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Oklahoma City Thunder: Team a big part of Andrew Rains' life

In the team's five-plus seasons in OKC, not once had Andrew Rains missed a Thunder game on television, at least not until he attended his first game Sunday night. Rains, who has cerebral palsy, attended as the guest of a Thunder employee.
By John Rohde Published: November 18, 2012

Ask Andrew Rains who his favorite Thunder player is and he'll tell you Kendrick Perkins. “I guess because he looks intimidating,” Rains explained. Ask him his favorite play on television and Rains will tell you, “Watching Kevin Durant dunk the ball.”

Keep in mind, Rains shared all this while proudly wearing a Russell Westbrook jersey.

Suffice to say, every Thunder player appears to be Rains' favorite. Not just from this season, but from every year since 2008 A.S. — After Seattle.

In the team's five-plus seasons in OKC, not once had Rains missed a Thunder game on television, at least not until he attended his first-ever game Sunday night at Chesapeake Energy Arena and watched the Thunder post a 119-109 victory over the Golden State Warriors.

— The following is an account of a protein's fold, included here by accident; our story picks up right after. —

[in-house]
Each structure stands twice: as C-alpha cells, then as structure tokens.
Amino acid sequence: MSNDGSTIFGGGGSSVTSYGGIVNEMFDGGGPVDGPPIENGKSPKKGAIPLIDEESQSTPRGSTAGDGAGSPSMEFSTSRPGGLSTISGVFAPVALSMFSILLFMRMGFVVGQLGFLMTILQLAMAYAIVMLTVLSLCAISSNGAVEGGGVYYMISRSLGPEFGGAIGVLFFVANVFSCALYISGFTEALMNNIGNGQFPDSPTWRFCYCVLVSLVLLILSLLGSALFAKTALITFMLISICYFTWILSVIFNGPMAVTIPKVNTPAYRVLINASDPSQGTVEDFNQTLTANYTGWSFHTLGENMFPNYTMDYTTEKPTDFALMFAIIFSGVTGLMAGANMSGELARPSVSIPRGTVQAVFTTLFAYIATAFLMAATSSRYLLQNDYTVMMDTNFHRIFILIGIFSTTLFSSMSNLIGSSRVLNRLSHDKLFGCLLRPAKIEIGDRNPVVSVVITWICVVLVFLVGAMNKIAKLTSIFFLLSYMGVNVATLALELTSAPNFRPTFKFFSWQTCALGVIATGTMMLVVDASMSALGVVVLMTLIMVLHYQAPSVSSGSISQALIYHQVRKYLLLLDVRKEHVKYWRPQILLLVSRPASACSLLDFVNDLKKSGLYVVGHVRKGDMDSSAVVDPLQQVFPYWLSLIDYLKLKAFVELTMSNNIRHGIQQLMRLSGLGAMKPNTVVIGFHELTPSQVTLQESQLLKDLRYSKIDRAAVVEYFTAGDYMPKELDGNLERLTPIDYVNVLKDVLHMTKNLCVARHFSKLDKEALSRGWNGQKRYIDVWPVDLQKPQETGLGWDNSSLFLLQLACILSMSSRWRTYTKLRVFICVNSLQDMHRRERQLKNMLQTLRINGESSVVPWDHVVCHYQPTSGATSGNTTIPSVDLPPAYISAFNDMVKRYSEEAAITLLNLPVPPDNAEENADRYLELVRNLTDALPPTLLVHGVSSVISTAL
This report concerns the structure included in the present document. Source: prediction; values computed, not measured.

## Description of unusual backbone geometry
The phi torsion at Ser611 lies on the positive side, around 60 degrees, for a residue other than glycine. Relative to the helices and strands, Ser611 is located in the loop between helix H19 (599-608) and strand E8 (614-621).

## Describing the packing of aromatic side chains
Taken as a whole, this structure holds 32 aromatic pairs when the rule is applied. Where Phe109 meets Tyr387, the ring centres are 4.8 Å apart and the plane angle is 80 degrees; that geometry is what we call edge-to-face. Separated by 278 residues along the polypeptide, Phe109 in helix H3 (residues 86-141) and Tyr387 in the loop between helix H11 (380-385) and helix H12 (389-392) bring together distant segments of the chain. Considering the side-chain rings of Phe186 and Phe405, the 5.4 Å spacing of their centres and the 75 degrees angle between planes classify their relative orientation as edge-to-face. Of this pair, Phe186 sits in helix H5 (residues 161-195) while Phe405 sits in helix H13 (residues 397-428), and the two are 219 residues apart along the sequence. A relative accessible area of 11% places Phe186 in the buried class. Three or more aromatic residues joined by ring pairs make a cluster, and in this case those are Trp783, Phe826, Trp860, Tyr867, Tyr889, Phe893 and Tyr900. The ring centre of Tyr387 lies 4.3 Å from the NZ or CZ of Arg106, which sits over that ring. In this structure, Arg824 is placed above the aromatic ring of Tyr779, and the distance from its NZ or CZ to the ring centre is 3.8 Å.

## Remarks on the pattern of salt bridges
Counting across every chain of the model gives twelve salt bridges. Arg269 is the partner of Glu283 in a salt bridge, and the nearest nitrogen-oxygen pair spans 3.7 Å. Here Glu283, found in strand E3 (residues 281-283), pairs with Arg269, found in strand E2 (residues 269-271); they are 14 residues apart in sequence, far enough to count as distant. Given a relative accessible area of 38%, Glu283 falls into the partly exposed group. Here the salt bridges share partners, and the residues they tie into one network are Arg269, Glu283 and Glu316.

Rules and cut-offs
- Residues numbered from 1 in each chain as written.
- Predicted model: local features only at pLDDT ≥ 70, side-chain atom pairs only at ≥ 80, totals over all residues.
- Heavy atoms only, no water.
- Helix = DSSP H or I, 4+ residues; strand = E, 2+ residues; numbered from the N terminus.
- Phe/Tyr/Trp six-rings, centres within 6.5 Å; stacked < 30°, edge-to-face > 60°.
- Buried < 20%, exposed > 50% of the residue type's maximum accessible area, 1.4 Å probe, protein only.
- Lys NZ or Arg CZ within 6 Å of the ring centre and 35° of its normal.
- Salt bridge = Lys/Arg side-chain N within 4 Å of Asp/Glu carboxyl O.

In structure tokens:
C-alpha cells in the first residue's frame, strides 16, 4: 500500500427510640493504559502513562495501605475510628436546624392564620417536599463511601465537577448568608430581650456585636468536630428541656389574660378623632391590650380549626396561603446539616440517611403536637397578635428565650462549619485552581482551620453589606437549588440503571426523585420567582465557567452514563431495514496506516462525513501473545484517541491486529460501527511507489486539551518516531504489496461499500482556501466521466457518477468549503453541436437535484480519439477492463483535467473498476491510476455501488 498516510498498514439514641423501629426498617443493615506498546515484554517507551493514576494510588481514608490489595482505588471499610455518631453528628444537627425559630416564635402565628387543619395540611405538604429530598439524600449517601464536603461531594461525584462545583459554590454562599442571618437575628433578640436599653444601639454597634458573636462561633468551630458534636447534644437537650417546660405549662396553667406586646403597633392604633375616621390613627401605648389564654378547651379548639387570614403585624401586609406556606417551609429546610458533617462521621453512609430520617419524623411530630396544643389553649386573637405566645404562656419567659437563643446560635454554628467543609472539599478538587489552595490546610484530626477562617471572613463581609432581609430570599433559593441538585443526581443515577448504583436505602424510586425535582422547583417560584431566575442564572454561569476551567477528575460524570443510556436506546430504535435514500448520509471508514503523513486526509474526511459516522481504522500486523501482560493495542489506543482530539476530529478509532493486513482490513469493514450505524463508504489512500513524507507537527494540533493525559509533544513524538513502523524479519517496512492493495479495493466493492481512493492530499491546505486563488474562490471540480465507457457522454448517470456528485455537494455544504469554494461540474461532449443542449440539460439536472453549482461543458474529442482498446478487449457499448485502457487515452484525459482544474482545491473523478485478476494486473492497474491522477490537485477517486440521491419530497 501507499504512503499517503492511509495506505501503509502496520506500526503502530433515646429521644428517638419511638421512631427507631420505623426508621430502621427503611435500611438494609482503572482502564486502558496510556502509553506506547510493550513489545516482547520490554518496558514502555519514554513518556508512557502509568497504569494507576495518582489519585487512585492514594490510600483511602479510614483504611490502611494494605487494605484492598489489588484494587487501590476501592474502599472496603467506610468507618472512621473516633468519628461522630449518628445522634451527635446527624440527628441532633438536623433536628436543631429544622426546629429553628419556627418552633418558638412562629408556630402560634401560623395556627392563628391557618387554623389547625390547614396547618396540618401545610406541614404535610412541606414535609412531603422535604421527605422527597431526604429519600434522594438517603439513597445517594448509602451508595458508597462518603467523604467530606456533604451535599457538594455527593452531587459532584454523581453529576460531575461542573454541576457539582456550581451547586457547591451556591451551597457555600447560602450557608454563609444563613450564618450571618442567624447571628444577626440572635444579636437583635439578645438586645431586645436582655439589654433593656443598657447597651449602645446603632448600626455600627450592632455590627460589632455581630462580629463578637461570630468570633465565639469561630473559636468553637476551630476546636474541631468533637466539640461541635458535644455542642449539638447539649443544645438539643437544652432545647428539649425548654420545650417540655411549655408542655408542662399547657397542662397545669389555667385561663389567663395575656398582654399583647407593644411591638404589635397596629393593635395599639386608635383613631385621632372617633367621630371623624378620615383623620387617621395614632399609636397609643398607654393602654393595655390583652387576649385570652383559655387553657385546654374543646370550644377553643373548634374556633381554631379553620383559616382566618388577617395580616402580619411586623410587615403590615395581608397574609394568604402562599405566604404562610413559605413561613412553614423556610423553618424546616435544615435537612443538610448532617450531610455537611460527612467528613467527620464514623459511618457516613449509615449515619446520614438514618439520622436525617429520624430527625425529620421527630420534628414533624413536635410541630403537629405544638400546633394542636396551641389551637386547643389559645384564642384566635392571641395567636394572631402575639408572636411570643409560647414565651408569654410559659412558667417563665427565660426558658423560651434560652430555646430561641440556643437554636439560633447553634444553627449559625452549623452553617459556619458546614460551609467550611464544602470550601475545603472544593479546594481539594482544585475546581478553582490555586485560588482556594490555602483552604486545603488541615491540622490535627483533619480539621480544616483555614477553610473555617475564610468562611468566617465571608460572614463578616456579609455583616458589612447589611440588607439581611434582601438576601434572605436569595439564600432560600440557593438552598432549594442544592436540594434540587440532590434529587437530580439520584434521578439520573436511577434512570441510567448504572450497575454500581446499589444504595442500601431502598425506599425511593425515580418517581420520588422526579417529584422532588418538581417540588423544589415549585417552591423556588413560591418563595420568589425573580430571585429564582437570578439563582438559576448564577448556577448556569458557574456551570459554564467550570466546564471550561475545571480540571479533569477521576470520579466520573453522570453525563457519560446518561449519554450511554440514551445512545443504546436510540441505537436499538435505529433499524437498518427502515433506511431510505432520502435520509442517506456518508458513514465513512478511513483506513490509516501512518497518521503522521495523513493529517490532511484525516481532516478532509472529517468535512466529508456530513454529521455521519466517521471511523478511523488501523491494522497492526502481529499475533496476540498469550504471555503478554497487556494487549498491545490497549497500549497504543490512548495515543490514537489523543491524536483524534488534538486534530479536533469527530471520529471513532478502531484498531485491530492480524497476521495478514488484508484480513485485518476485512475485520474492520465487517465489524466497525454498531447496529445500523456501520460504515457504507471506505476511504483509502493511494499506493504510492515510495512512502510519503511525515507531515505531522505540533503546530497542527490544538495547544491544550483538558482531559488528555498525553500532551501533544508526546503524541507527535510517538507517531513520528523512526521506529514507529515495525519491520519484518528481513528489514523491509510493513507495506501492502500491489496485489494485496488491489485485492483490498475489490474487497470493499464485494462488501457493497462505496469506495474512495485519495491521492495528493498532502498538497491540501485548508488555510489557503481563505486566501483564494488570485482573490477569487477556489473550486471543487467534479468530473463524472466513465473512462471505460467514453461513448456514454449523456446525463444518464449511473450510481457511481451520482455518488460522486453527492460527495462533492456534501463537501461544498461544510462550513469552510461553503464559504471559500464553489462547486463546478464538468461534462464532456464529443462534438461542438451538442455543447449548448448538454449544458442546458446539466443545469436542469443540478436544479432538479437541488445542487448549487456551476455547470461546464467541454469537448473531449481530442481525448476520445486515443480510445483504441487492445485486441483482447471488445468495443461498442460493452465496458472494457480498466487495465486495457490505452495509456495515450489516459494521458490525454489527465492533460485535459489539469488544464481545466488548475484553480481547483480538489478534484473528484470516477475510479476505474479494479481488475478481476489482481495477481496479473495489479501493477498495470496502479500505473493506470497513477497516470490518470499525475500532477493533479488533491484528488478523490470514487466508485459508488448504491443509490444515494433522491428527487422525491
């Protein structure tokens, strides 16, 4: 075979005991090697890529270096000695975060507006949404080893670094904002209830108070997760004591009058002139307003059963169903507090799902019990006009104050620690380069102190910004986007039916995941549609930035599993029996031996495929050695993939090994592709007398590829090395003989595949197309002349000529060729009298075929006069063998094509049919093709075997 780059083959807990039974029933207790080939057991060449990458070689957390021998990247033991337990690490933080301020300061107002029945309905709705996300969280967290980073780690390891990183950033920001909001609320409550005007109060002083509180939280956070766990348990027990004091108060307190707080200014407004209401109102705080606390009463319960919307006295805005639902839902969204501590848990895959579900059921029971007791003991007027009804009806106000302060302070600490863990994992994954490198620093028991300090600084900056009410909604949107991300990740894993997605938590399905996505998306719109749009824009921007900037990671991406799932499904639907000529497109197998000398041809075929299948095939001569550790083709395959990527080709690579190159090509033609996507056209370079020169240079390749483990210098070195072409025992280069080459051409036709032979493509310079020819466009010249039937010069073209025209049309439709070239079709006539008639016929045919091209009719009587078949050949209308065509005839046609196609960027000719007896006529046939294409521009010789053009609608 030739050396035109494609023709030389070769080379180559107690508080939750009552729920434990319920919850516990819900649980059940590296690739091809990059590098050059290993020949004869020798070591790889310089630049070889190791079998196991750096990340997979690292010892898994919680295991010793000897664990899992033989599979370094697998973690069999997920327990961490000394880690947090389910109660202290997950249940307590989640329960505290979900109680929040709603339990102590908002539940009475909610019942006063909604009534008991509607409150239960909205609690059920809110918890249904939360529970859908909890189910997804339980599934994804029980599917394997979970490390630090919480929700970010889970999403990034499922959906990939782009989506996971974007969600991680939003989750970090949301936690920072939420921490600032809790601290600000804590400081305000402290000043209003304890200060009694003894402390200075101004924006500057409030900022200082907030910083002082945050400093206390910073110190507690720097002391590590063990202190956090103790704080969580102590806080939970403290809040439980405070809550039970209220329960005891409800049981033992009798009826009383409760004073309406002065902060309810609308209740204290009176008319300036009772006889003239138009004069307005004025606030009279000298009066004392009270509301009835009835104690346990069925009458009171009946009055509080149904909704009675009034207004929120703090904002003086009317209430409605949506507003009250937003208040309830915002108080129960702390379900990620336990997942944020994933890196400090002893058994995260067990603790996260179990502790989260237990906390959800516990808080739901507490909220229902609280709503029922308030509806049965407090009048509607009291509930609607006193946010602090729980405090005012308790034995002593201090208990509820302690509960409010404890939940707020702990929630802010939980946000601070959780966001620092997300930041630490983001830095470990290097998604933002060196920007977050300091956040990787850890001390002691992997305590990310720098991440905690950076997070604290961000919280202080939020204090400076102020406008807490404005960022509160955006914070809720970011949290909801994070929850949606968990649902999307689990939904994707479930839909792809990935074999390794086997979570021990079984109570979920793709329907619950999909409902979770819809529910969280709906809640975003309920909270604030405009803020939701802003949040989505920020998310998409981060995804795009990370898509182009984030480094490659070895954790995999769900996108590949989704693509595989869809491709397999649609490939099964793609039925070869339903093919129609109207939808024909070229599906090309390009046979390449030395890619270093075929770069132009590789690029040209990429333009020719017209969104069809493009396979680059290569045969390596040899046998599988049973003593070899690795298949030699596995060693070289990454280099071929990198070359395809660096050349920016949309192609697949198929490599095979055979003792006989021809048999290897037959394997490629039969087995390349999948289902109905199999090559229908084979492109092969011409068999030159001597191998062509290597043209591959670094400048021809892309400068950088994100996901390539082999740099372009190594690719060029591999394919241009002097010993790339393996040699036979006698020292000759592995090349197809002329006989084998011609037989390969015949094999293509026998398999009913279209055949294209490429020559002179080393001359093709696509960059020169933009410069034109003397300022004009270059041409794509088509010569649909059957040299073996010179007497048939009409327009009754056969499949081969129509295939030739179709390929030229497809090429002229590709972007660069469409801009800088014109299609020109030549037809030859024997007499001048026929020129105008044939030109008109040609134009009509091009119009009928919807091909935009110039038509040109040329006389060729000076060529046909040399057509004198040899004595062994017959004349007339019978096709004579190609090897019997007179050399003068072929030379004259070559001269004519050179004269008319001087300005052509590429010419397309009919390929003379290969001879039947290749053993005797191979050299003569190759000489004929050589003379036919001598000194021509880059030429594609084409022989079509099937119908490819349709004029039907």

Every season, there are stories about Thunder fans who tug at your emotions. On this night, Rains tugged at mine.

Rains suffers from cerebral palsy, a disorder that can range from slight to severe. “Yeah, but I got the slight one,” Rains said, punctuating his self-diagnoses with a smile and a laugh from his wheelchair.

You might have previously seen Rains pictured in The Oklahoman at age 12, winning yet another medal in the Special Olympics.

His career medal count? “Over 40,” Rains said with another laugh.

Rains will turn 24 years old next week and proudly boasts he and Westbrook were both born in November 1988.

Rains attended as the guest of a Thunder employee who was kind enough to surrender his season tickets for the night. Rains was joined by his grandmother, Roberta, his tutor, Suzanne Parker, and Parker's daughter, Angela.

Suzanne Parker is a retired teacher who became Rains' tutor last June as part of the adult literacy program at Southern Oak Library.

The Thunder so engulfs Rains' life, the team indirectly improves his reading and speaking skills.

Parker clips out Oklahoman stories on the Thunder and has Rains read them to her. “Lots of times, he'll dictate Thunder stories to me,” Parker said.

In Monday's edition, Rains will read and speak of himself, and you can bet good money he'll do so with a grin.

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